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Ralph Willis Vol. 1 1944-1951

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Album Review

A native of Birmingham, AL, guitarist Ralph Willis learned to sing and play the blues in North Carolina where he absorbed the influence of Blind Boy Fuller, and cut his first record in New York City in 1944 at the age of 34. Out of about 50 sides cut for eight different labels over a span of nine years, 42 were reissued by Document on two albums in 1994. Volume one, which covers the years 1944-1951, opens with his earliest pair of titles, which originally appeared on a record bearing the Regis logo. "Comb Your Kitty Cat" is closely related to "Let Me Play with Your Poodle" and fits into a blues subgenre of harmless exercises in smuttiness that was perfected 10 and 15 years earlier during the hokum boom by people like Bo Carter, Sam Theard, and Tampa Red. Willis recorded for 20th Century Records in 1946 with guitarists Brownie McGhee and Judson Coleman as the Ralph Willis Alabama Trio. In June, 1948 he recorded again as a solo act, this time for the Savoy label on which he was billed as Alabama Slim. Three months later, he cut four more sides for Savoy with washboard percussionist Pete Sanders. "Christmas Blues" and "Neighborhood Blues" were released under the name of Washboard Pete, while "Amen Blues" and "Mama, Mama Blues" were issued under the heading of Sleepy Joe & His Washboard Band. After waxing four titles for the Signature label in late 1948 and early 1949, Willis teamed up with McGhee (who was listed as Spider Sam) and knocked off a few sides for Abbey records, including the premonitory title "I'm Gonna Rock." This enjoyable survey of mid-century East coast blues closes with Willis' first two Jubilee recordings, made in 1950 with McGhee and bassist Dumas Ransom. Seventeen more selections representing most of the remaining works of Ralph Willis can be found on a second volume together with eight tracks by his fellow Alabamian Leroy Dallas.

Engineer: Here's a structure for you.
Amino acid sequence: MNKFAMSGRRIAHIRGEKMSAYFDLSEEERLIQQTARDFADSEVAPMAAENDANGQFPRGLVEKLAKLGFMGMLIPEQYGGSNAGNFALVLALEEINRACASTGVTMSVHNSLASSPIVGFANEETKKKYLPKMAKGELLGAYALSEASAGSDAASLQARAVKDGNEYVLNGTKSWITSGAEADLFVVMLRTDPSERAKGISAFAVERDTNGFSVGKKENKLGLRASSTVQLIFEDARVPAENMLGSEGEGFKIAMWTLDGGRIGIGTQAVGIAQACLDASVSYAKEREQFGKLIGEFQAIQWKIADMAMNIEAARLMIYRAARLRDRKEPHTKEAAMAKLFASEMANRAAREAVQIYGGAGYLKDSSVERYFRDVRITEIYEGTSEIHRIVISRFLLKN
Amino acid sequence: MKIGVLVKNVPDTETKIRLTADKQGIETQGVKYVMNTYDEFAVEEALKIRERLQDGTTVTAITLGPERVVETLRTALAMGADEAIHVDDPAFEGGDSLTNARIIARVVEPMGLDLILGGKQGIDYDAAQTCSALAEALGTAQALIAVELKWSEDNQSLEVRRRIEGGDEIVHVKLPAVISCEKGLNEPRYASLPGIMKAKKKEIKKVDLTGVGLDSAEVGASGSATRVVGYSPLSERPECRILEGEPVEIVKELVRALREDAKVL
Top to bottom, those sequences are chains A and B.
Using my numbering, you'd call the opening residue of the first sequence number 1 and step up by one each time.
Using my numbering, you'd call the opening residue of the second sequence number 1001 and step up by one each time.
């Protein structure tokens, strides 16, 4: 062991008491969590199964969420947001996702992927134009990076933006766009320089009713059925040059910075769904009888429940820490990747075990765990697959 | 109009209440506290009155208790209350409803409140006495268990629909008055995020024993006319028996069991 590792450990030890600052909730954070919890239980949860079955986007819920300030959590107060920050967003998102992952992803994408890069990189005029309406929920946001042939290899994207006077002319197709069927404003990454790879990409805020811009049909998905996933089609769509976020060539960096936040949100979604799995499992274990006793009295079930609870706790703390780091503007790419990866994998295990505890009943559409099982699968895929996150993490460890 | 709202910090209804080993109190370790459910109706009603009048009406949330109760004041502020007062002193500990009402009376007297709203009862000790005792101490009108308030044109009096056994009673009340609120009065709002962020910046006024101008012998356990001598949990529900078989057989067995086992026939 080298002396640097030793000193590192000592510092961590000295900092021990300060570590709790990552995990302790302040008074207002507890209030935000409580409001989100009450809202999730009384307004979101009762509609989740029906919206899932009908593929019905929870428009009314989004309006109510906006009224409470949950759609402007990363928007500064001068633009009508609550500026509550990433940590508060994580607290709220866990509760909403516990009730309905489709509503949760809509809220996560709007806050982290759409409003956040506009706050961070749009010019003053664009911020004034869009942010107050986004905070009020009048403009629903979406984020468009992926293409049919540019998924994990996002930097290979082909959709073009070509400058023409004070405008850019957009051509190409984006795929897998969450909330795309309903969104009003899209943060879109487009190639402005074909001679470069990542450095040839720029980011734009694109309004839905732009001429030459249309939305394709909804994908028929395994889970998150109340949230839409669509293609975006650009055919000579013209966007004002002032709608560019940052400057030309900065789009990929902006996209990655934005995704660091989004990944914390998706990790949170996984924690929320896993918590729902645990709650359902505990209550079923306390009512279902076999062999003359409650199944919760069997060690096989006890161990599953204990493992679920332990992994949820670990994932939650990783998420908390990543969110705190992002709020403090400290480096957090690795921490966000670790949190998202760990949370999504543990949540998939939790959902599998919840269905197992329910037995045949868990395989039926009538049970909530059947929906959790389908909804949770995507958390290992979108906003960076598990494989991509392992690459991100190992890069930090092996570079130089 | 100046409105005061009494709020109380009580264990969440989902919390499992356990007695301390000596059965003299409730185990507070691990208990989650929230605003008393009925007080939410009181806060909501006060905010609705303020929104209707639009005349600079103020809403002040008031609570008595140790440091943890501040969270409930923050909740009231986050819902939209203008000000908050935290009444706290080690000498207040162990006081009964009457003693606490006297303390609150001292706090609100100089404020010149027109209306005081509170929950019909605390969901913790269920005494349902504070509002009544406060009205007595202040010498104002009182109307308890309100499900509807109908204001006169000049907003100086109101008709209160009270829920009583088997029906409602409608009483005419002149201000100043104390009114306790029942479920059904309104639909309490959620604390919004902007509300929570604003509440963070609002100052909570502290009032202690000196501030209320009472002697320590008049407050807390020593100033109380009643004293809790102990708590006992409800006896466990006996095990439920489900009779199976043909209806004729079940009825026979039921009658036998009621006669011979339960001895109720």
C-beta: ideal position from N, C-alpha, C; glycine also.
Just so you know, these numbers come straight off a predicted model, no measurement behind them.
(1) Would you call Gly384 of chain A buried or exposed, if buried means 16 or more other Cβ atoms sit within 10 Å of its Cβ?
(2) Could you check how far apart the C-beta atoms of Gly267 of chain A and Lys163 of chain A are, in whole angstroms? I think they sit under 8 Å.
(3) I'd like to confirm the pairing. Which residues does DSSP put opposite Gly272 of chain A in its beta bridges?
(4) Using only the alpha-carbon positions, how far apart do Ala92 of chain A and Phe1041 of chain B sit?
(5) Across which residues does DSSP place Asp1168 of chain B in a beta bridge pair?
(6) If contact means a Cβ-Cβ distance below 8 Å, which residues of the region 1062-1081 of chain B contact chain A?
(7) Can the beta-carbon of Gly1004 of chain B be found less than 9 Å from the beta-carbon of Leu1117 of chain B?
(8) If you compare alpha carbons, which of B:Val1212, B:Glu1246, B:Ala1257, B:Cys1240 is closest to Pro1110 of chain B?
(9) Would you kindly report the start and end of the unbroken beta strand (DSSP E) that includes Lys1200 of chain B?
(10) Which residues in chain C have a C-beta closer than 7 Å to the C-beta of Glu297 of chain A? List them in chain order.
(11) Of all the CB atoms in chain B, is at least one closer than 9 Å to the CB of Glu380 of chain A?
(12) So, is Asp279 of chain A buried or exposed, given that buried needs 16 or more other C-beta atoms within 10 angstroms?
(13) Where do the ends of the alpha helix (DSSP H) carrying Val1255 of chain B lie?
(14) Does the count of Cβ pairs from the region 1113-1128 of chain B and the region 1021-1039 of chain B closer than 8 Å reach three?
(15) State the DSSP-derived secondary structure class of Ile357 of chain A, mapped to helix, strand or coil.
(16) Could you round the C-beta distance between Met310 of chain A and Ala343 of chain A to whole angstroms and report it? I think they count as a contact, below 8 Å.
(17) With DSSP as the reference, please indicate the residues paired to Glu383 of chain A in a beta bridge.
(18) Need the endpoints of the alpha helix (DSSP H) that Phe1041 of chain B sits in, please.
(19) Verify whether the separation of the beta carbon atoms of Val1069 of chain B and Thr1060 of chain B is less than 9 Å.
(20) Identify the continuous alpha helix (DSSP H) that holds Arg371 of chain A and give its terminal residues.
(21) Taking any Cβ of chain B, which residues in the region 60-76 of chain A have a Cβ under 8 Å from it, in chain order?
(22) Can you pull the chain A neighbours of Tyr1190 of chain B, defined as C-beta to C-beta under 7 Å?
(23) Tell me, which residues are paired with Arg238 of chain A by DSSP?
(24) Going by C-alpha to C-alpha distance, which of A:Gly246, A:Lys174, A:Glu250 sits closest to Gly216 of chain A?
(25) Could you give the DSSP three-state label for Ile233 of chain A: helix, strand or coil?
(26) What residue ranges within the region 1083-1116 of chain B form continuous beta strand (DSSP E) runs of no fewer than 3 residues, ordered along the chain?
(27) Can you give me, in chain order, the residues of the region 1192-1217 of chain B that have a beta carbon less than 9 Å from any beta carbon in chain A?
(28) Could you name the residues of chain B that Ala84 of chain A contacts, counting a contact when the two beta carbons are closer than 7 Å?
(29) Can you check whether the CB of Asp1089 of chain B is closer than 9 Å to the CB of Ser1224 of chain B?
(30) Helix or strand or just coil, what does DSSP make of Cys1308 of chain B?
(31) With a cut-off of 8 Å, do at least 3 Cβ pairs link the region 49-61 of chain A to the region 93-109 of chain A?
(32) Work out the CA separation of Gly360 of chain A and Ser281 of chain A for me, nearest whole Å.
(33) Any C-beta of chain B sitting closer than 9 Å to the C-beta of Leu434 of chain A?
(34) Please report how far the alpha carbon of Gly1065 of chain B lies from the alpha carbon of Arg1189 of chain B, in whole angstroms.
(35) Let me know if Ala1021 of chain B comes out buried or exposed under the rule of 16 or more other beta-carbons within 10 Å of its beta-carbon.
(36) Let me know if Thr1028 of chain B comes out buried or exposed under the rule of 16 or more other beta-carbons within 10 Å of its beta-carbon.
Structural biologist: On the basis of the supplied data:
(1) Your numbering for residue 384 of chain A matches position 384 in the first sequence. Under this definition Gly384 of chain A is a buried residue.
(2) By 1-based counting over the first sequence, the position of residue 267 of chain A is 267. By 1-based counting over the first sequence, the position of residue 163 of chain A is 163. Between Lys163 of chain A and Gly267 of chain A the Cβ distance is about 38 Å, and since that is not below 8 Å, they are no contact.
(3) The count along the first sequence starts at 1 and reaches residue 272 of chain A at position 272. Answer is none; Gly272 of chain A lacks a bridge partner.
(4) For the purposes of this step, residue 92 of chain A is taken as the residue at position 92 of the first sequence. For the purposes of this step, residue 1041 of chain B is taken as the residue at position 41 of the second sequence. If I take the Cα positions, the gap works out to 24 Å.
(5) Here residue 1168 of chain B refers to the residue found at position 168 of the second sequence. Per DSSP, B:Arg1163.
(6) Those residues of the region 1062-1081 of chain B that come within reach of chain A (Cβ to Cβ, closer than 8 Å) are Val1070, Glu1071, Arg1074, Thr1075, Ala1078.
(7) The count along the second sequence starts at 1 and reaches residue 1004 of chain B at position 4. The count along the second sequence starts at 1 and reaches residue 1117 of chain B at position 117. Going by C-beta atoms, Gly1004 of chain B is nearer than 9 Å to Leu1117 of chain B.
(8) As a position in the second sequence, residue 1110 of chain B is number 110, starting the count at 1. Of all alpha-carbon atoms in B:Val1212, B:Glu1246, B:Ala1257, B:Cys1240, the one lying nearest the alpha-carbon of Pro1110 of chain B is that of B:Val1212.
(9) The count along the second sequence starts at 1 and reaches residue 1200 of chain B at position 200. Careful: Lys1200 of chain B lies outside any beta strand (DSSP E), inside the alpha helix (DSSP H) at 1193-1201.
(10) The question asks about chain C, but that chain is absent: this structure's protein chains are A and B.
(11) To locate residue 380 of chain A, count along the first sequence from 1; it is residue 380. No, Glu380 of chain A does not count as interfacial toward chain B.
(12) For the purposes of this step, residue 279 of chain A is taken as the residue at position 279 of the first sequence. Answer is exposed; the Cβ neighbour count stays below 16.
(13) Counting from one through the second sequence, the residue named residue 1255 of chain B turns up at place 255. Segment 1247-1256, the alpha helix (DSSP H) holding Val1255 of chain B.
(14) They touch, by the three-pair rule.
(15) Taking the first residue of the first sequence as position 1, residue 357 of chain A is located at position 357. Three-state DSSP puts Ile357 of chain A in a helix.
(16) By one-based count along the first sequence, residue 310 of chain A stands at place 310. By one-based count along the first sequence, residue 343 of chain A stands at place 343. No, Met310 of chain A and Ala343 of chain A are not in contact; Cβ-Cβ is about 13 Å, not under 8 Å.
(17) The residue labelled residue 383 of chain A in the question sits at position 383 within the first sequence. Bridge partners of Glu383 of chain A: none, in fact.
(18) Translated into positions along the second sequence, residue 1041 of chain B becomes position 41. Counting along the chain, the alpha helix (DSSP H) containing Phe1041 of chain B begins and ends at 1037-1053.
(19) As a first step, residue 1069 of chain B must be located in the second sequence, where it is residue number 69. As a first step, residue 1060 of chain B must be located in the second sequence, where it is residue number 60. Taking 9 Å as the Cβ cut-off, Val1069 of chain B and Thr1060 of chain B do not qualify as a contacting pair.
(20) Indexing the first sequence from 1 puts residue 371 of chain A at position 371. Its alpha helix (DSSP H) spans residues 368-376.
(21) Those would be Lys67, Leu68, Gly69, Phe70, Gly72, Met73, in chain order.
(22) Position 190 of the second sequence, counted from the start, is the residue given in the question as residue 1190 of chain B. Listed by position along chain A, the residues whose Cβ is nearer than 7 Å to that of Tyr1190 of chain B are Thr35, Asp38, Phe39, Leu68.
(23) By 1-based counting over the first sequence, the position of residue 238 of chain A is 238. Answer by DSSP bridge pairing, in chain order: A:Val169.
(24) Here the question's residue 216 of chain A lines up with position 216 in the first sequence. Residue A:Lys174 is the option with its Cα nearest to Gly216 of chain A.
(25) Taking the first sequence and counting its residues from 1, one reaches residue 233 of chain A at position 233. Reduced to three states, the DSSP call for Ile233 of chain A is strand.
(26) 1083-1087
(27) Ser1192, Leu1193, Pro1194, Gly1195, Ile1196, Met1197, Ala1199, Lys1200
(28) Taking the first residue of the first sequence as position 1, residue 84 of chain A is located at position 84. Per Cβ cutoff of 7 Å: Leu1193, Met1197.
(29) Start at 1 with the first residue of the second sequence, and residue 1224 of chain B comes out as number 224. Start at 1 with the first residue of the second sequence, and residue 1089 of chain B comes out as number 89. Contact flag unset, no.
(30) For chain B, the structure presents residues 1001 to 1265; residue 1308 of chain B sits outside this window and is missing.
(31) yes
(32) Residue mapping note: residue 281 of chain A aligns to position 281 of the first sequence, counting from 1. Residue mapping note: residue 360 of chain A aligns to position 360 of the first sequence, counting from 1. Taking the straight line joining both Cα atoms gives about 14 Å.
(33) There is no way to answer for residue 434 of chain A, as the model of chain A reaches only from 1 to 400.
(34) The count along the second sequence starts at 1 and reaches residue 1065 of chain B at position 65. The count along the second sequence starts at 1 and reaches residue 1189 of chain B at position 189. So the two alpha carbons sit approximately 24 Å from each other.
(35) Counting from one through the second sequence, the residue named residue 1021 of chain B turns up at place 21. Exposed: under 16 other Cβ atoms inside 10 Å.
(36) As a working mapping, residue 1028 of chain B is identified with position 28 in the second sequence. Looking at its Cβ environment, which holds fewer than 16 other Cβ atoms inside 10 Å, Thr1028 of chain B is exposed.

Born: 1910 in Alabama

Genre: Blues

Years Active: '40s, '50s

Ralph "Bama" Willis was an outstanding Piedmont-style blues singer and guitarist, so named as he was born and raised in Alabama. He was not heard from until the late '30s, when he was known to have relocated to North Carolina and to work in the circle of musicians centering around Blind Boy Fuller, although Willis did not record with Fuller. By the time Ralph Willis did make it into studio, for the tiny, New York-based Regis label in 1944, his assimilation of Fuller's sound and style was already...
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Ralph Willis Vol. 1 1944-1951, Ralph Willis
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